which lymphoma is associated with Helicobacter pylori?
Origin?
extranodal marginal zone lymphoma

derived from MALT
what tumor is associated with HTLV-1?
classification?
sxs?
course?
adult T cell lymphoma (a NHL)
cutaneous lesions
aggressive course
what NHL presents with cutaneous patches/nodules and has an indolent course?
mycosis fungoides
Sezary syndrome
what Ig's are predominant in multiple myeloma?
IgG (55%)
IgA (25%)
What is associated with M spike due to IgM, hyperviscosity and no lytic bone lesions?
Waldenstrom's macroglobulinemia
what is MGUS?

increases the risk of what?
monoclonal gammopathy of undetermined significance (MGUS)

asympatomatic multiple myeloma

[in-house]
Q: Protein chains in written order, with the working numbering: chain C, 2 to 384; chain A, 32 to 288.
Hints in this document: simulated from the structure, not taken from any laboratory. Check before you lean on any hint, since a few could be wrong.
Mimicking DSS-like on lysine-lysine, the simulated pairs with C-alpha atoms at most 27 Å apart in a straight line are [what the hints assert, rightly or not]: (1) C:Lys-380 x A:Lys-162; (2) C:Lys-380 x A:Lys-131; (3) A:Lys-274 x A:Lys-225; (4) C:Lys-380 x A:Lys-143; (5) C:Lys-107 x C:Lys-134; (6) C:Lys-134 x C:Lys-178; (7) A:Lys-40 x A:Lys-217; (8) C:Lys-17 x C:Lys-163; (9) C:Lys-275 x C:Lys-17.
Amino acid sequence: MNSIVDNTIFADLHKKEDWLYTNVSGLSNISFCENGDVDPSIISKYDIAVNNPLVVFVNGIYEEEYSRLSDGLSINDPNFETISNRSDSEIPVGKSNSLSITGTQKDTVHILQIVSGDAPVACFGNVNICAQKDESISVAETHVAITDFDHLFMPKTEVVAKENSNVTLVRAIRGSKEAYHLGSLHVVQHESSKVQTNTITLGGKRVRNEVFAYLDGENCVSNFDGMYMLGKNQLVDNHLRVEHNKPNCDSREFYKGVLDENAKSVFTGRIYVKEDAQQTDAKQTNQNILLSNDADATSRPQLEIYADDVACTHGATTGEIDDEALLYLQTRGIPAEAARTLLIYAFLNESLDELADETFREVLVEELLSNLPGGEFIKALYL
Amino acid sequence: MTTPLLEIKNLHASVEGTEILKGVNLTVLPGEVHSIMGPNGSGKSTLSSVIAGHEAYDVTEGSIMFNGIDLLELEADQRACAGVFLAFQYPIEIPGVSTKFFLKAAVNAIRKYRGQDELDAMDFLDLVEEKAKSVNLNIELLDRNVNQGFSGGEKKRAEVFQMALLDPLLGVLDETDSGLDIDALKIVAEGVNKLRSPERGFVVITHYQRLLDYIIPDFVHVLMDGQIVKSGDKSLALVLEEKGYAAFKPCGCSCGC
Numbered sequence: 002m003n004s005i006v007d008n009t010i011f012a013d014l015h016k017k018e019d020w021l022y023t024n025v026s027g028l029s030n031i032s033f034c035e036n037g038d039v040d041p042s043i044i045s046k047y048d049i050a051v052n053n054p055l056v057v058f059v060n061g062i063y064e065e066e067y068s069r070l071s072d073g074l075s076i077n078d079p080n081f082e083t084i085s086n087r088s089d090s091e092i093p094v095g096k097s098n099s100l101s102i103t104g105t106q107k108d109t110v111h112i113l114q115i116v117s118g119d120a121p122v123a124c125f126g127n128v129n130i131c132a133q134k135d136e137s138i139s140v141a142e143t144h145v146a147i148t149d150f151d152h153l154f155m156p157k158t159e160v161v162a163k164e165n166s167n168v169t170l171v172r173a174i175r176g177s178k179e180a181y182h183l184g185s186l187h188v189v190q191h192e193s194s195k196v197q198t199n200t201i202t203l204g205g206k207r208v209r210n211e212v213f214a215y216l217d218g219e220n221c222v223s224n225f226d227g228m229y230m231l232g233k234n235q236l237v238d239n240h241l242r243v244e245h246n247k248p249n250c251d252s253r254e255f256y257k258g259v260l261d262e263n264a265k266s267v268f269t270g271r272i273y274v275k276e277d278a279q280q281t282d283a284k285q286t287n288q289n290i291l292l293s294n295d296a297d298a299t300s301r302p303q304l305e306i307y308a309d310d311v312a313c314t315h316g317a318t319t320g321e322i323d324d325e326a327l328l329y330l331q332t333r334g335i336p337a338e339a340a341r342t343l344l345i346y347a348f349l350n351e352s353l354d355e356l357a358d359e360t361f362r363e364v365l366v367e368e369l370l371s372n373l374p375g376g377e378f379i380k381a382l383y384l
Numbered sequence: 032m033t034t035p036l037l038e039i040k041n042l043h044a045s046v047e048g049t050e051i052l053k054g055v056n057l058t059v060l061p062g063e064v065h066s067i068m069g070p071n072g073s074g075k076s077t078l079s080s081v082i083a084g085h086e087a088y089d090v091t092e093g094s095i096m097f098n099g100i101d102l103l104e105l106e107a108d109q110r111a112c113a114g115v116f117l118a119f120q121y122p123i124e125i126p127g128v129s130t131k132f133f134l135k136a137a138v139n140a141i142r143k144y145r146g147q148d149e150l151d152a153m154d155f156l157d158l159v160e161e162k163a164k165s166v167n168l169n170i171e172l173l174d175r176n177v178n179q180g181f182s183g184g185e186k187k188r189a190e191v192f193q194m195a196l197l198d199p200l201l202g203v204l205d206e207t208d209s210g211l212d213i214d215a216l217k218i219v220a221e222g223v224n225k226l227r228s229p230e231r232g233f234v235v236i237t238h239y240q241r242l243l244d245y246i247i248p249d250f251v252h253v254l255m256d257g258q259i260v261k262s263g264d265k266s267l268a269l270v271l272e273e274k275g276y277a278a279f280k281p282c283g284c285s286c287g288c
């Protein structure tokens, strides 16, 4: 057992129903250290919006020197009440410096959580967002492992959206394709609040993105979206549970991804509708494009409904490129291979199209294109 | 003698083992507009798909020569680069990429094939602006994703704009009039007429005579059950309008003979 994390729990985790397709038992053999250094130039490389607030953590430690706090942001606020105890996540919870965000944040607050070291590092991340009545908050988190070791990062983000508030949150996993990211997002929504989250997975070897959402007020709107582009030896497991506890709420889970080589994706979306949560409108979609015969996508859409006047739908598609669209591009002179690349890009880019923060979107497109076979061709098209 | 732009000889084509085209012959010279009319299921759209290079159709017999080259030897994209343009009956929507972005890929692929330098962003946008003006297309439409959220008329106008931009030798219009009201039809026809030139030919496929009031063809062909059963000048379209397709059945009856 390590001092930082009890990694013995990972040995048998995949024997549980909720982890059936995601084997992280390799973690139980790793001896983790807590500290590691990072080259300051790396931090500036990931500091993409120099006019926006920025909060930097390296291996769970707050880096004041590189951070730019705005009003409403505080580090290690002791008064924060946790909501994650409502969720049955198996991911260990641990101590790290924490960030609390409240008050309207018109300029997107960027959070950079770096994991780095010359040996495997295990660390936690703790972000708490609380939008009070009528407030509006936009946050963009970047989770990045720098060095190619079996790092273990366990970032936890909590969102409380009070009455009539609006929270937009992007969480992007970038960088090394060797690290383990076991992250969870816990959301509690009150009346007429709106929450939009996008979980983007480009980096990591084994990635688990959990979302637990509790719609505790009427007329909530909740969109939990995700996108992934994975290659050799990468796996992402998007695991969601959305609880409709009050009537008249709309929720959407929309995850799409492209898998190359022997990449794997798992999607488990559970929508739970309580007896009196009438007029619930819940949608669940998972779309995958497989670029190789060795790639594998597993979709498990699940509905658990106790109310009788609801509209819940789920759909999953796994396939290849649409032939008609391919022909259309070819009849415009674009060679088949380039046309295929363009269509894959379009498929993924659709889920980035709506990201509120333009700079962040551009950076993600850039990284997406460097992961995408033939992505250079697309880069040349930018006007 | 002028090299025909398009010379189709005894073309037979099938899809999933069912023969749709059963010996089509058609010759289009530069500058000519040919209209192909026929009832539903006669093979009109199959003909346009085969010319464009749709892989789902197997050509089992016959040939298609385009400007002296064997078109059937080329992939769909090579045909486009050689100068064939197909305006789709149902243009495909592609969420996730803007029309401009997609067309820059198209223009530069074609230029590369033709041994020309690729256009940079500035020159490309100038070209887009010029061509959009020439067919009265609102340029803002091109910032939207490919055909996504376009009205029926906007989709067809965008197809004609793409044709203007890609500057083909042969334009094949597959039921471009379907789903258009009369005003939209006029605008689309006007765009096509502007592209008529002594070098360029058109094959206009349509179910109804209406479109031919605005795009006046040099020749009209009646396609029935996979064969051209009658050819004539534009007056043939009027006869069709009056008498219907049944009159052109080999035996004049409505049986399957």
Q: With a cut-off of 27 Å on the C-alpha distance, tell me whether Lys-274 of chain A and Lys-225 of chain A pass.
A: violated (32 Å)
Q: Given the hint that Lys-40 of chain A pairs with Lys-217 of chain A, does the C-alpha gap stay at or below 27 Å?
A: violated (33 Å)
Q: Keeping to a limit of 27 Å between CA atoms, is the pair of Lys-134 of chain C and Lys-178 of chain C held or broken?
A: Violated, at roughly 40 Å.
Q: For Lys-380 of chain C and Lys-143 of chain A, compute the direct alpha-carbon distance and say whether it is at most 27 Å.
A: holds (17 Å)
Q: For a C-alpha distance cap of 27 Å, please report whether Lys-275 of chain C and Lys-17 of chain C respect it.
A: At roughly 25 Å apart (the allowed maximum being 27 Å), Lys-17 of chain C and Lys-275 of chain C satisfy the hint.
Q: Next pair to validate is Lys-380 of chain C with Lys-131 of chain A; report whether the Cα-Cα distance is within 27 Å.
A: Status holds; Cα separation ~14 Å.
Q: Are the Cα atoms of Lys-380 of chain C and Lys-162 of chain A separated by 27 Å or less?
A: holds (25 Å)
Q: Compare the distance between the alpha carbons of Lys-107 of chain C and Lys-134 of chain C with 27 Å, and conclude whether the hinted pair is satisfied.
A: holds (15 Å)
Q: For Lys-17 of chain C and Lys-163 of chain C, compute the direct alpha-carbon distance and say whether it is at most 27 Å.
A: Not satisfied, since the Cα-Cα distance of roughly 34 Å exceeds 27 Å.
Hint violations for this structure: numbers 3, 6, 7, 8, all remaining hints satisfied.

but increases the risk of MM and Waldenstrom's
How are acute leukemia and chronic leukemia different clinically?
acute: blasts predominate; children or elderly; short and drastic course

chronic: more mature cells; midlife age range; longer and less devastating course
stains TRAP. What tumor? age group?
hairy cell leukemia in elderly
Auer rods
responds to all-trans retinoic acid

what tumor?
AML (M3)
what indicates good prognosis for AML (M3)?
t(15,17): responsive to all-trans reitinoic acid (vit A)
t(9,22), bcr-abl

what tumor?
complication?
tx?
CML

blast crisis: transforming to AML or ALL

responds to imatinib
how are leukemoid reaction different from CML in terms of lab findings?
leukemoids rxn: increased leukocyte alkaline phosphates; no increase in basophils and eosinophils; WBC left shift (e.g. 80% band cells)

CML: no increase in leukocyte AP and increased basophils and eosinophils
what is the complication of tx of AML M3 ?
DIC from release of Auer rods
Birbeck granules
S-100
Cd1a

what tumor?
Langerhands cell histiocytoses (histiocytosis X)

or Letterer-Siwe disease, Hand-Schuller-Christian disease, eosinophilic granulomas